Letter Re: Motor Vehicles and the EMP Threat

Hi Jim,
I continue to be amused by prepper concerns for the vulnerability of their vehicles to an EMP event.  I have followed the EMP issue closely ever since becoming a NBC qualified officer in the service, many years ago.  In 1984, by accident and through a military book-of-the-month club I received a copy of Warday and the Journey Onwards, by Whitley Strieber. Reading the book was another wake up call for me, another step towards becoming a full-fledged prepper.  A few years later, through my wife, I met a friend who was a top expert on EMP.  He explained about the various wave forms of EMP and the possible susceptibility of electronics to EMP.  He also detailed that hardening of items was not difficult, but often overlooked by civilian engineers.  He had spent many years helping the military successfully harden gear against EMP.    

Fast forward to 2010: I started listening to EMPAct America on Blog Talk radio where I heard my EMP friend speak, and where I have frequently heard authors like you and William Forstchen speak.  Forstchen of course wrote the book One Second After. In that book the EMP event takes out almost all automobiles instantly and gridlocks the roads, streets and interstates.  This led me to discuss the likelihood of vehicle susceptibility with my EMP friend.  He directed me to the EMP Commission results. (This was a commission set up by the US Congress.)  There I read not only the executive summary, but the full report.  Later I discussed the report with my friend.  He reiterated, (and I quote loosely), “If you are focused on the direct and immediate effects of EMP to your automobile, you may be disappointed and you will have missed the main point.  The effect of an EMP event could be the collapse of interdependent and critical infrastructures, particularly loss of the electric power grid and the resulting inability to get fuel for your car.  Only a few cars will stop right away.  But they will soon have no purpose if there is no fuel.”  

So the all the details are laid out in the commission report, for the following areas, Infrastructure Commonalities (including SCADA systems), Electric Power, Telecommunications, Banking and Finance, Petroleum and Natural Gas, Transportation, Food Infrastructure, Water Infrastructure, Emergency Services, Space Systems, and Government.  But I want to quote the automobile transportation section in detail from page 115:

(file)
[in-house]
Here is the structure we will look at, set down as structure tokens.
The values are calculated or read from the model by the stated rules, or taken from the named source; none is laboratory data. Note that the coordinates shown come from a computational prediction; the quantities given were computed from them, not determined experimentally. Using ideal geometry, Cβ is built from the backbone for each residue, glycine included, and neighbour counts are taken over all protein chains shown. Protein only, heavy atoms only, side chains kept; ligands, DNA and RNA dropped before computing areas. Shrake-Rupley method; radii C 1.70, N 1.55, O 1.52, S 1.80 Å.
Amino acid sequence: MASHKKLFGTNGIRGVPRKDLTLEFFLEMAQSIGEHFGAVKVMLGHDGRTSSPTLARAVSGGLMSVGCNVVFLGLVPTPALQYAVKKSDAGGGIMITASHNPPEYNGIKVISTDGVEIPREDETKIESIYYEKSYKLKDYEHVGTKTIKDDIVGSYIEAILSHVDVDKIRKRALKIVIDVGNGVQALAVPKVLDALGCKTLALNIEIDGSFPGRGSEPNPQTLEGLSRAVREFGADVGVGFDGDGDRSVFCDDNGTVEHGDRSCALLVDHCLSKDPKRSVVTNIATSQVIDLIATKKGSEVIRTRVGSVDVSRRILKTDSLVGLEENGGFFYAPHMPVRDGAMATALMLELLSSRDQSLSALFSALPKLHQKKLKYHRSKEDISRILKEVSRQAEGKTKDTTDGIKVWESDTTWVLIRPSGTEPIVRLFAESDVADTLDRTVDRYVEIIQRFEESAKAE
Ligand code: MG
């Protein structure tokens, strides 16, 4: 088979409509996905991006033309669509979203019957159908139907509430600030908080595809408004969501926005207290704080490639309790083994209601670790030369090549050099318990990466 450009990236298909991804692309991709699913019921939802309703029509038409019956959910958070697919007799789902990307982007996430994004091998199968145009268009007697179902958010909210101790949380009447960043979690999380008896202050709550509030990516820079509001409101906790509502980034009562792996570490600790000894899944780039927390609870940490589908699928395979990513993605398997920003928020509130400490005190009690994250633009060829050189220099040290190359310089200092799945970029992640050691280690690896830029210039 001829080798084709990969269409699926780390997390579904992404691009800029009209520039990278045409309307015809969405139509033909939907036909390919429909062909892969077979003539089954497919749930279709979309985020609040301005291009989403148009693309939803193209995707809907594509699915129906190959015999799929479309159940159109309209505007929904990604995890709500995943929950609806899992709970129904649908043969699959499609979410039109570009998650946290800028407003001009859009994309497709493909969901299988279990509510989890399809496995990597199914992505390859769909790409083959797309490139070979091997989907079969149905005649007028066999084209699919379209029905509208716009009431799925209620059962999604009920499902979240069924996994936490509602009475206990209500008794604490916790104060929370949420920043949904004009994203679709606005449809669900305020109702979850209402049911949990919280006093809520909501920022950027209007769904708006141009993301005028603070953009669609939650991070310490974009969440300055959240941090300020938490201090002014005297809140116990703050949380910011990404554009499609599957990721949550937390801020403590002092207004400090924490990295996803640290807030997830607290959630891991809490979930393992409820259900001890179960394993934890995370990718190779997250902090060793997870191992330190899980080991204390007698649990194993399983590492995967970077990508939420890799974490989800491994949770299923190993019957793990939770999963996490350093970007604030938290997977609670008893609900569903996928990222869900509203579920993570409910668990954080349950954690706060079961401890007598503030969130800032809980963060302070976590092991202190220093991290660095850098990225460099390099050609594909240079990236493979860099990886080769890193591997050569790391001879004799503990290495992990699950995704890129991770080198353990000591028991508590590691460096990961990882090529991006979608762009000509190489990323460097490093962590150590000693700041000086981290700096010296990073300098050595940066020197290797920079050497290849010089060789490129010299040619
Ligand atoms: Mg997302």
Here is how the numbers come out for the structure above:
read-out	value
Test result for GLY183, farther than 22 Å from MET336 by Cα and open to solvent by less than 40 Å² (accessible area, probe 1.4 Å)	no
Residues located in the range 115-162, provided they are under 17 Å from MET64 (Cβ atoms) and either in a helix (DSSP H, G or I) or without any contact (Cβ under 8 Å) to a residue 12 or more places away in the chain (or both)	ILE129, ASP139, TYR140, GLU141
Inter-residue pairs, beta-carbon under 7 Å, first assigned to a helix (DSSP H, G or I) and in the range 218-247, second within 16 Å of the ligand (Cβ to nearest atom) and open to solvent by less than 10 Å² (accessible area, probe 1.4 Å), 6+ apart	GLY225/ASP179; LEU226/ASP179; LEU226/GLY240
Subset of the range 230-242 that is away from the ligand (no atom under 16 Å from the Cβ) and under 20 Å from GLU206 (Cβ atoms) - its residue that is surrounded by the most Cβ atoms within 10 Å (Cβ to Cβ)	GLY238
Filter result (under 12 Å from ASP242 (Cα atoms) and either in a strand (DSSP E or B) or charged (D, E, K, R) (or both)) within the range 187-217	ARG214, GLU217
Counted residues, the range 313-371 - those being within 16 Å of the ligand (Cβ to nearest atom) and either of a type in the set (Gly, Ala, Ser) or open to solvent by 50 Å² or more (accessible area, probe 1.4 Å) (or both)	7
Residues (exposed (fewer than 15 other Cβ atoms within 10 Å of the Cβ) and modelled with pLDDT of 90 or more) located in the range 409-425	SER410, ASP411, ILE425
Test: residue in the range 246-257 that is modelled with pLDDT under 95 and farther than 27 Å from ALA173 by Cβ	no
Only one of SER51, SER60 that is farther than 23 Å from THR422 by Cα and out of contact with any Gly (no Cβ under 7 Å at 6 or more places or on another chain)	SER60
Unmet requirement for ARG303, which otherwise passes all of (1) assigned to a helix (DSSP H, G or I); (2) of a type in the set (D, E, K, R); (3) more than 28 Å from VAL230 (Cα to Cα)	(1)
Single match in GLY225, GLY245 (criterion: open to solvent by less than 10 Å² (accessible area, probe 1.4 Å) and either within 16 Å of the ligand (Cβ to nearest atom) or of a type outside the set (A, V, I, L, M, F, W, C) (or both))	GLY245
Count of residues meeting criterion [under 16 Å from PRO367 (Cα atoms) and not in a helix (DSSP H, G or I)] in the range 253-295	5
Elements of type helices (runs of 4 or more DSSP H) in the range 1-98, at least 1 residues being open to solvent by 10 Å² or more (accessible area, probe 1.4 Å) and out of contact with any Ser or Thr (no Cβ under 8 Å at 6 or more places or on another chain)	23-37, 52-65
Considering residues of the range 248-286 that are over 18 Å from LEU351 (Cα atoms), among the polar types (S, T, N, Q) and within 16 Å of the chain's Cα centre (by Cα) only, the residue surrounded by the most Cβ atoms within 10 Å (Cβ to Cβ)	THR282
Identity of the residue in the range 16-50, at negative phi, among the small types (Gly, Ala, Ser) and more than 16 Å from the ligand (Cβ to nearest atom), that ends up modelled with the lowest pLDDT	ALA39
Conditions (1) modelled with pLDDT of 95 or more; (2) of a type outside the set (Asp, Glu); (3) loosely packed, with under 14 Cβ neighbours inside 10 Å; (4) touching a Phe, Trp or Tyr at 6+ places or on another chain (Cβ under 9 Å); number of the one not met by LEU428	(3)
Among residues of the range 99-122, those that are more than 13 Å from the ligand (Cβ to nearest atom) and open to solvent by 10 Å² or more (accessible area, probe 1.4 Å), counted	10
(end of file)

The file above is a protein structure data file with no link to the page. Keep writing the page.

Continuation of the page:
“We tested a sample of 37 cars in an EMP simulation laboratory, with automobile vintages
ranging from 1986 through 2002. Automobiles of these vintages include extensive
electronics and represent a significant fraction of automobiles on the road today. The
testing was conducted by exposing running and non-running automobiles to sequentially
increasing EMP field intensities. If anomalous response (either temporary or permanent)
was observed, the testing of that particular automobile was stopped. If no anomalous
response was observed, the testing was continued up to the field intensity limits of the
simulation capability (approximately 50 kV/m).
Automobiles were subjected to EMP environments under both engine turned off and
engine turned on conditions. No effects were subsequently observed in those automobiles
that were not turned on during EMP exposure. The most serious effect observed on running
automobiles was that the motors in three cars stopped at field strengths of approximately
30 kV/m or above. In an actual EMP exposure, these vehicles would glide to a
stop and require the driver to restart them. Electronics in the dashboard of one automobile
were damaged and required repair. Other effects were relatively minor. Twenty-five
automobiles exhibited malfunctions that could be considered only a nuisance (e.g.,
blinking dashboard lights) and did not require driver intervention to correct. Eight of the
37 cars tested did not exhibit any anomalous response.
Based on these test results, we expect few automobile effects at EMP field levels below
25 kV/m. Approximately 10 percent or more of the automobiles exposed to higher field
levels may experience serious EMP effects, including engine stall, that require driver
intervention to correct. We further expect that at least two out of three automobiles on the
road will manifest some nuisance response at these higher field levels. The serious malfunctions
could trigger car crashes on U.S. highways; the nuisance malfunctions could exacerbate
this condition. The ultimate result of automobile EMP exposure could be triggered
crashes that damage many more vehicles than are damaged by the EMP, the consequent
loss of life, and multiple injuries.”

So the bottom line is, yes you should be concerned about an EMP event, either naturally occurring or nuclear induced, but not because it is going to instantly make your car stop running.  Take time to read the whole Commission report and you will know where the real dangers lie.  Thanks, – W.J.

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